Political activism is trending in the U.S. and there’s no shortage of tips and tactics out there. The problem with diving straight into tactics – without understanding the rules of the political engagement – is that new activists can sabotage their own efforts. It’s like building a house starting with the roof or the sidewalls instead of the foundation.

The solution is training activists to understand the unstated foundational rules. By learning The Advocacy Framework, activists will be able to identify goals, pick a winning strategy, and employ the appropriate techniques naturally. Activists can then dramatically improve their effectiveness.

President Trump may not follow the traditional rules of engagement – rules which have governed political life for thousands of years. But the good news is that our founding fathers set up checks and balances comprised of hundreds of other politicians who do subscribe to The Rules of the Game: Political Capital, Credibility, and Relationships

First, Political Capital:

  • It’s the number of times someone can go to the well with someone else. Washington or any other political center of power is based on relationships. Different people have power over different things and they have to bargain with someone else who has more power than them. In order to be successful, one generally needs to give something in exchange, if not immediately, then down the road.
  • Everyone has it and it’s in limited supply – Just as your elected official only has so much capital with the speaker or chairman of a committee, you have political capital as a constituent.
  • It’s transactional
    • Your capital goes up when you help them
    • Your capital goes down when it’s one-sided

Next, the two critical factors in being a successful activist (and a politician, incidentally) are credibility and relationships. The more you work these principles, the harder it is for politicians or political opponents to dismiss you.

Credibility means:

  • Appearance –  Dress like you’re going to a job interview. Politics is serious business and when you dress seriously, you are taken seriously.
  • Being cool, calm, and collected – Yelling, threatening, or otherwise coming across as unhinged will land you in the “wacktavist” file faster than you can call Nurse Ratchet.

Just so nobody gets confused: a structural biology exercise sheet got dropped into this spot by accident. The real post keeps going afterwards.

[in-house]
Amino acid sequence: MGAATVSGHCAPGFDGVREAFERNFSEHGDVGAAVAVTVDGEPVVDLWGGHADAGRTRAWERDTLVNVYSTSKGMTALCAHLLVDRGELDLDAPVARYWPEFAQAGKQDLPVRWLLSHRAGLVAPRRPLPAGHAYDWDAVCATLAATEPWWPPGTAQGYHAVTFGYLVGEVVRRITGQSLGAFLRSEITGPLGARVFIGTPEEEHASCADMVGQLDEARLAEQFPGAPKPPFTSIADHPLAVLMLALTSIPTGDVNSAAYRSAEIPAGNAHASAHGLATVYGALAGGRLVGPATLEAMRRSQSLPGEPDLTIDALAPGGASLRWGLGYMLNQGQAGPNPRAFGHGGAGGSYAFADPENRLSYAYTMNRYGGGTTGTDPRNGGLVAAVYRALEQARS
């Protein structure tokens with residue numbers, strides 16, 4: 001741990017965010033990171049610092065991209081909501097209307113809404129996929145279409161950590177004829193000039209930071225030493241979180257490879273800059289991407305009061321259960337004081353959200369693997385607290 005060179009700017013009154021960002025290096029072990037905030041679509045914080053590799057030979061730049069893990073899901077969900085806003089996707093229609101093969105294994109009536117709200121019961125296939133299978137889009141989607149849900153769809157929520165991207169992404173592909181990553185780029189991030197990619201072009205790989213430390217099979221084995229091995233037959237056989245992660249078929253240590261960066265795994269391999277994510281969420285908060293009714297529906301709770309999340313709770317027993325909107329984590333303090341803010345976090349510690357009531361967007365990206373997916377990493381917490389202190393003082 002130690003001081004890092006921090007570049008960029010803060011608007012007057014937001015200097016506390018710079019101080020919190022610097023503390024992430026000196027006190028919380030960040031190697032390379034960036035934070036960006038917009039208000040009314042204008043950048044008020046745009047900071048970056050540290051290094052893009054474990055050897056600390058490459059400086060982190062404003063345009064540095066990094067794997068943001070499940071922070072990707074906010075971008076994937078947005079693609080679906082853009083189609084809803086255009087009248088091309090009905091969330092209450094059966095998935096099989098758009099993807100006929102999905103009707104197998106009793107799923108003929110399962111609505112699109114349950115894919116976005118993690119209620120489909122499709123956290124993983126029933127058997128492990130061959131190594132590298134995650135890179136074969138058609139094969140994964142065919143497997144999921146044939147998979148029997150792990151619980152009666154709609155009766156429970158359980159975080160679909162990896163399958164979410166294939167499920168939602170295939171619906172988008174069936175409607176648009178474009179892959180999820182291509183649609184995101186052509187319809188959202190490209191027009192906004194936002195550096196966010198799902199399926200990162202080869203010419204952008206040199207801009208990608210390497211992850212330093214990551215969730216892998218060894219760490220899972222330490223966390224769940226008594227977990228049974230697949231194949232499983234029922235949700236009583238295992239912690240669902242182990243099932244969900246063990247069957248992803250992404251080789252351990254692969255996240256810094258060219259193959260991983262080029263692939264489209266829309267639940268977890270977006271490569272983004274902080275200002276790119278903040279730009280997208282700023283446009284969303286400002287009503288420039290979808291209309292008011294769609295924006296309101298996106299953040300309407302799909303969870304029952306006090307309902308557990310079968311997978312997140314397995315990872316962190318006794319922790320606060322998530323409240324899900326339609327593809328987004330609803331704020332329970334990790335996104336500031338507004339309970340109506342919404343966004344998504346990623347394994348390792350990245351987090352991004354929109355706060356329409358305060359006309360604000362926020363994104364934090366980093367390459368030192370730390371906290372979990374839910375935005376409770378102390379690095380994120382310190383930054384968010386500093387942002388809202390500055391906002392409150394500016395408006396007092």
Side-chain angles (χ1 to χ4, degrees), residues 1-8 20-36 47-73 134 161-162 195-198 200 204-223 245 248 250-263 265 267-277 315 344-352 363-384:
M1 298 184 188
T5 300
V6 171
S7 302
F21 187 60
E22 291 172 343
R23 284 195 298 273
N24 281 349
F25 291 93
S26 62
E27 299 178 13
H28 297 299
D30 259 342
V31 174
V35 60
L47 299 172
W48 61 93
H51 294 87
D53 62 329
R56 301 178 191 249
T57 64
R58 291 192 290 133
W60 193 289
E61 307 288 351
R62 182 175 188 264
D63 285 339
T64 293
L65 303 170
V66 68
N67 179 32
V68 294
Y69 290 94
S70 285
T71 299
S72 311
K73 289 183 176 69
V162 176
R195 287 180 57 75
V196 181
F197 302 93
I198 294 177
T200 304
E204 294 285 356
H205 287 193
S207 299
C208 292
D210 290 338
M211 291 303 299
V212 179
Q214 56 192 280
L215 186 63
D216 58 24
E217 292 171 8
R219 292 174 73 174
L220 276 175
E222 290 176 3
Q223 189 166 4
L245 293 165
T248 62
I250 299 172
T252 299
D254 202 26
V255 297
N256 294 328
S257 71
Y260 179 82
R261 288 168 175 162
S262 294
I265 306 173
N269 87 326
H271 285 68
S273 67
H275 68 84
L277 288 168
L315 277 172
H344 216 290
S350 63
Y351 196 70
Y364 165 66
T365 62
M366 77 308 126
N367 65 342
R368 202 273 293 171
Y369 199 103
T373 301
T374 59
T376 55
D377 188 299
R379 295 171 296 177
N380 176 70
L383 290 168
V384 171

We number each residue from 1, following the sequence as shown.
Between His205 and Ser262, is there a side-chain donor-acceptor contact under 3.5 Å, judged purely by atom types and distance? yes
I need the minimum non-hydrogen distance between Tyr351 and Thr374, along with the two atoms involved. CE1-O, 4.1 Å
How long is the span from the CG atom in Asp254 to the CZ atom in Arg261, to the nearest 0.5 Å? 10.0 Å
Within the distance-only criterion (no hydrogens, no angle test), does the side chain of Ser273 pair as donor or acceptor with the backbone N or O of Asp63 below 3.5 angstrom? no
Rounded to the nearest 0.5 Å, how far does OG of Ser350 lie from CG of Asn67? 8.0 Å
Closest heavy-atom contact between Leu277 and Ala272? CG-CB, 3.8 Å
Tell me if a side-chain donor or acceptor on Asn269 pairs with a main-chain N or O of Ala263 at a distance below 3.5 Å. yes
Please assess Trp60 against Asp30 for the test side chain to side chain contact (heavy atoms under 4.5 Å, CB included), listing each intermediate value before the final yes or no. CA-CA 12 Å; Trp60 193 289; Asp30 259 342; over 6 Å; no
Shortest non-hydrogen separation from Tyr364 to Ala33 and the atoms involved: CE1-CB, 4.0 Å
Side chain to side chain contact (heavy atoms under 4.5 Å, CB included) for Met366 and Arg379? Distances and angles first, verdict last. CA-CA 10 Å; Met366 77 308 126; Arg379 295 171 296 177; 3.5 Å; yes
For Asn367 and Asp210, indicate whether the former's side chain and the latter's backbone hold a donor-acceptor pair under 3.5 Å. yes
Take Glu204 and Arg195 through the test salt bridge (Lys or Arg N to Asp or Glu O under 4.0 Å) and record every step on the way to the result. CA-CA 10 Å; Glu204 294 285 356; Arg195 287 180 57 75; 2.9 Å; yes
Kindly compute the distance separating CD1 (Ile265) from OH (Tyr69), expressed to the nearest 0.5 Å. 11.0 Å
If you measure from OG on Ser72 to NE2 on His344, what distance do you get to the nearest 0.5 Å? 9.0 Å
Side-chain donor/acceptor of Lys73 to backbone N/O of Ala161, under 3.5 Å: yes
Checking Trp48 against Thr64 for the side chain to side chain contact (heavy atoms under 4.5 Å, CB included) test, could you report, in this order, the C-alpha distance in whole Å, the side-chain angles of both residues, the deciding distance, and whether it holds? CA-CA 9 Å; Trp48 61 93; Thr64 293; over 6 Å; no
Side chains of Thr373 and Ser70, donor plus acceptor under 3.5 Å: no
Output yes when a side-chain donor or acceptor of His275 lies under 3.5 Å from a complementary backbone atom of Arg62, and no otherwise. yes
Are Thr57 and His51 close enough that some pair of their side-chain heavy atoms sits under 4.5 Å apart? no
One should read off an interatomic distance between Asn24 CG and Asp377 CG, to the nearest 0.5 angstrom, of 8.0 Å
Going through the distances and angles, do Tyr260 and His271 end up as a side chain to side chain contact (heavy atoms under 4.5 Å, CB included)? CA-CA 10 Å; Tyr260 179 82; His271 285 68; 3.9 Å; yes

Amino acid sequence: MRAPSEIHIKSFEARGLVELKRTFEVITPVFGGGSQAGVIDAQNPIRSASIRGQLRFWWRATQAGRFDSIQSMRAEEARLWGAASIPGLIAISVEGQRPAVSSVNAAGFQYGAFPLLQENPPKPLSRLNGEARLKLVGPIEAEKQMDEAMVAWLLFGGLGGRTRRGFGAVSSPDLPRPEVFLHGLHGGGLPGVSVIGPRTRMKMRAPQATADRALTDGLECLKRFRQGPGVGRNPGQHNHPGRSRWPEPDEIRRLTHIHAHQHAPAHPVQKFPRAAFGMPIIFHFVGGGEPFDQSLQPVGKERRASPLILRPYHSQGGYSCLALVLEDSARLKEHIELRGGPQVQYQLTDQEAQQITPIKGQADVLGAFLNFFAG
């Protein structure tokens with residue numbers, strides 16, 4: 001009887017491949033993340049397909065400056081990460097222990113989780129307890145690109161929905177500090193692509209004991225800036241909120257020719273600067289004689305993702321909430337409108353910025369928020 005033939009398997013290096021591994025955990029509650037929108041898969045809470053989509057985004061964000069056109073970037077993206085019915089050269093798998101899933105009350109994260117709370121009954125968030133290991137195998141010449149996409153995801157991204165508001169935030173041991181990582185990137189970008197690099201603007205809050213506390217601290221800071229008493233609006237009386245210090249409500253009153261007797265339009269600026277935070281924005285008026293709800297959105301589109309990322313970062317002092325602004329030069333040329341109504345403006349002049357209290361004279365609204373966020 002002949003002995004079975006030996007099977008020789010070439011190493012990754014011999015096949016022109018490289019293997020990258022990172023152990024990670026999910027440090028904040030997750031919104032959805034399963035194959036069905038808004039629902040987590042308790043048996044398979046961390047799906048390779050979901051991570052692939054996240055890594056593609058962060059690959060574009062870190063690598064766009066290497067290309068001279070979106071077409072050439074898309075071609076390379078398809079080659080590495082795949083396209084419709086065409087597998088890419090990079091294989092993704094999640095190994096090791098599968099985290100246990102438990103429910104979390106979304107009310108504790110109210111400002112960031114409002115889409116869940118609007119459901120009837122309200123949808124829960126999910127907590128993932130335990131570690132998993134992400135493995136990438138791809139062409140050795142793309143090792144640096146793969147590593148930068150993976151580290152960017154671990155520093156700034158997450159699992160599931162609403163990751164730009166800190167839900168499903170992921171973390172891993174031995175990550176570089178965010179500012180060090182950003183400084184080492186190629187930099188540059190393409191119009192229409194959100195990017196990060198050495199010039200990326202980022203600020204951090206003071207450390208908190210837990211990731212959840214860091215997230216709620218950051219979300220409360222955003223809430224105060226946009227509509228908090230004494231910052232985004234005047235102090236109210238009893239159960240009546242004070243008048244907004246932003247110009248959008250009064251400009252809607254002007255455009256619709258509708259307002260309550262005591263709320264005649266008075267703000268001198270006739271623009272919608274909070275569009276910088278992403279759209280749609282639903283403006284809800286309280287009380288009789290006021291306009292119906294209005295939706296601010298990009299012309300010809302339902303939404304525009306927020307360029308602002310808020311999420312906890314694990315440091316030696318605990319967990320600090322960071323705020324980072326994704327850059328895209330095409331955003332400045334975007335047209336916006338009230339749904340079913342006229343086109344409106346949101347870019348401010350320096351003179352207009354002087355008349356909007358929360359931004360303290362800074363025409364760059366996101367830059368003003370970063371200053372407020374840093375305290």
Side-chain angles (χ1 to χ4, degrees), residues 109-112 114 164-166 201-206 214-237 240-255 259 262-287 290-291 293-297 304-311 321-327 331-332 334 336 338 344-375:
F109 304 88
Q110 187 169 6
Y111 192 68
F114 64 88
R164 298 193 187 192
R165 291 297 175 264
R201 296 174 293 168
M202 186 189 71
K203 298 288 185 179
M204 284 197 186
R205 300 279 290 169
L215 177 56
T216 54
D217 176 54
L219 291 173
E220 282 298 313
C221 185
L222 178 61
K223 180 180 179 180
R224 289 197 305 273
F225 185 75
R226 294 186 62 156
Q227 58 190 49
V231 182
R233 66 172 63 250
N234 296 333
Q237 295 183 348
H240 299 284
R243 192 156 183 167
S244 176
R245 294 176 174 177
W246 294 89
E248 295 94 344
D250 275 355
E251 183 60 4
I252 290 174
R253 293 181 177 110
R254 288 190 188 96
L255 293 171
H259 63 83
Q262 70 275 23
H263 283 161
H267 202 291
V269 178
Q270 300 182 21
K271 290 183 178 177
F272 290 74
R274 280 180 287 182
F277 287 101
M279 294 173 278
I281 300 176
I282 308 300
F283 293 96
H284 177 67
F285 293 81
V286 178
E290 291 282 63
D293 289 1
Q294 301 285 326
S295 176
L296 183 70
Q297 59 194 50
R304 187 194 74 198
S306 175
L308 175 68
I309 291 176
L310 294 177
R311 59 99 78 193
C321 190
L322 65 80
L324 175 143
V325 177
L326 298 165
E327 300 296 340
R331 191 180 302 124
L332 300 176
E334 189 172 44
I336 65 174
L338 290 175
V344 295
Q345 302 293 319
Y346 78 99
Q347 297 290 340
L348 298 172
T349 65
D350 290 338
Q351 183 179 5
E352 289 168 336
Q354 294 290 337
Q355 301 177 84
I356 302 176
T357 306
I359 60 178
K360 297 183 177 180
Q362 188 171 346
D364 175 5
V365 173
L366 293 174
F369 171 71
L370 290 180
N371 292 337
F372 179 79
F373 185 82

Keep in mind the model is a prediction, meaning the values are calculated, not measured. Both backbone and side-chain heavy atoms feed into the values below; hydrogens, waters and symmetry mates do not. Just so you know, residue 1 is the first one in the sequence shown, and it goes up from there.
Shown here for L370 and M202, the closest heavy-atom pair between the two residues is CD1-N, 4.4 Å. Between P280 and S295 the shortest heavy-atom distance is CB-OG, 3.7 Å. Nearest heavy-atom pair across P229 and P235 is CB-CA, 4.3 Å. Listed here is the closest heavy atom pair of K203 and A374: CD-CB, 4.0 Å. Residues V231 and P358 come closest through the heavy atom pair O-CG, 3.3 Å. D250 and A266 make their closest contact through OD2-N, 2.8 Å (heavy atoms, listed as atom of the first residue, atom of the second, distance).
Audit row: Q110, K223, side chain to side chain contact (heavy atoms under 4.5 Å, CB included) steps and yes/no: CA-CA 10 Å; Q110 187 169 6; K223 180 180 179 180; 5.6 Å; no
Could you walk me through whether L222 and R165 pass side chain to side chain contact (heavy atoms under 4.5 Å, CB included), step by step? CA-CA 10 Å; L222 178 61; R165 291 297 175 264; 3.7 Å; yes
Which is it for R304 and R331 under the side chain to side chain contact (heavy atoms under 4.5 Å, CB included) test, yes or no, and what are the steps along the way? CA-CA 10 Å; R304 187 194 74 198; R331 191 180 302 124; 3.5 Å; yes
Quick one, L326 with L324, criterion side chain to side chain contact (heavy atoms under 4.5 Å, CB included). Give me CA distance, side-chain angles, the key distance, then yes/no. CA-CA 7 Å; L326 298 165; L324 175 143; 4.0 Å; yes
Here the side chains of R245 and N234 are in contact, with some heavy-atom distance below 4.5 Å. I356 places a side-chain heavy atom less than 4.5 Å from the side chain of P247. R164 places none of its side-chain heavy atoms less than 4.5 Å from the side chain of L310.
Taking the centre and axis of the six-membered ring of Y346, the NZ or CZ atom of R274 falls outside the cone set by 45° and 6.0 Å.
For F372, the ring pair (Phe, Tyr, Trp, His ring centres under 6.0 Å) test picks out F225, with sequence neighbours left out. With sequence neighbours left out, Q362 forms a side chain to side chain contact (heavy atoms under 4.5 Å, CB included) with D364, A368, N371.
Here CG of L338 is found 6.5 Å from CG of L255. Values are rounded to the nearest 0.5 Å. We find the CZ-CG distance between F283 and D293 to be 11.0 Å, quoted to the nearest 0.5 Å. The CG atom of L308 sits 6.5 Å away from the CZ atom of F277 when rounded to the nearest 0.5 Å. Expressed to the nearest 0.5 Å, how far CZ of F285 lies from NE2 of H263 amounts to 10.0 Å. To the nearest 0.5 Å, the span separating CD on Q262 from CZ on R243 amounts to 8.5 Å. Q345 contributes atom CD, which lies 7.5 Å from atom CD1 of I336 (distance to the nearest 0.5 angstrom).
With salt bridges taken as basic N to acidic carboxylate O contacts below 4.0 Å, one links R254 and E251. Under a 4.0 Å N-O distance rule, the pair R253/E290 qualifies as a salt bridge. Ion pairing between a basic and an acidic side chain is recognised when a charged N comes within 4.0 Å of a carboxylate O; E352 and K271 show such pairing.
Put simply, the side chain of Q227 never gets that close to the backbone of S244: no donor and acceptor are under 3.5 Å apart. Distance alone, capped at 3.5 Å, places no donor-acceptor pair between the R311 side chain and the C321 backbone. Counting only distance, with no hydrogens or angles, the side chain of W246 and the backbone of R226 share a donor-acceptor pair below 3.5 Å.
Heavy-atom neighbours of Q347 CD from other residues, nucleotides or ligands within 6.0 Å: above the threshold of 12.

• Having reasonable, thoughtful requests – If every time you call the office, the (different) issue is life or death, you won’t be taken seriously. Similarly, should you have a wish list a mile long (or completely unattainable), politicos will assume you don’t understand that they have political capital and boom – you lose credibility.
  • Avoiding social media rants or fights – Anytime you character assassinate either in real life or behind a computer you show you’re unpredictable and politicians will (rightfully) want to steer clear of you. Think about it – if you maligned someone else’s character, what’s to stop you from going after them if they aren’t successful?

Relationships with politicians:

  • Long-lasting – If you think you’ll need this politician again sometime in the next 4-8 years, look at the relationship in 4 year increments. Avoid burning bridges!
  • Mutual respect – Politicians will respect your opinions if you respect where they are coming from; remember, everyone else who is coming to them is equally convinced they are 100% right and that their issue should be #1.
  • If you want their support, support them back!
    • Give them props –You’d be surprised how far a thank you call/letter/email/tweet/letter to the editor goes, especially when you show others they did a good job.
    • Bring others to the table – You – and the politician advocating for you – will have far more credibility if it’s more than one person saying “we need a new community center”. Get 20-30 fellow residents to chime in.
    • Donate/Volunteer on their campaign – Just like in philanthropy, donate time, treasure, or talent. While not a necessity, it will increase your political capital.

Now that you understand The Foundation of Advocacy, picking goals, strategies, and tactics should be easier. For more information, sign up for e-updates on other trainings and tips.

 

 


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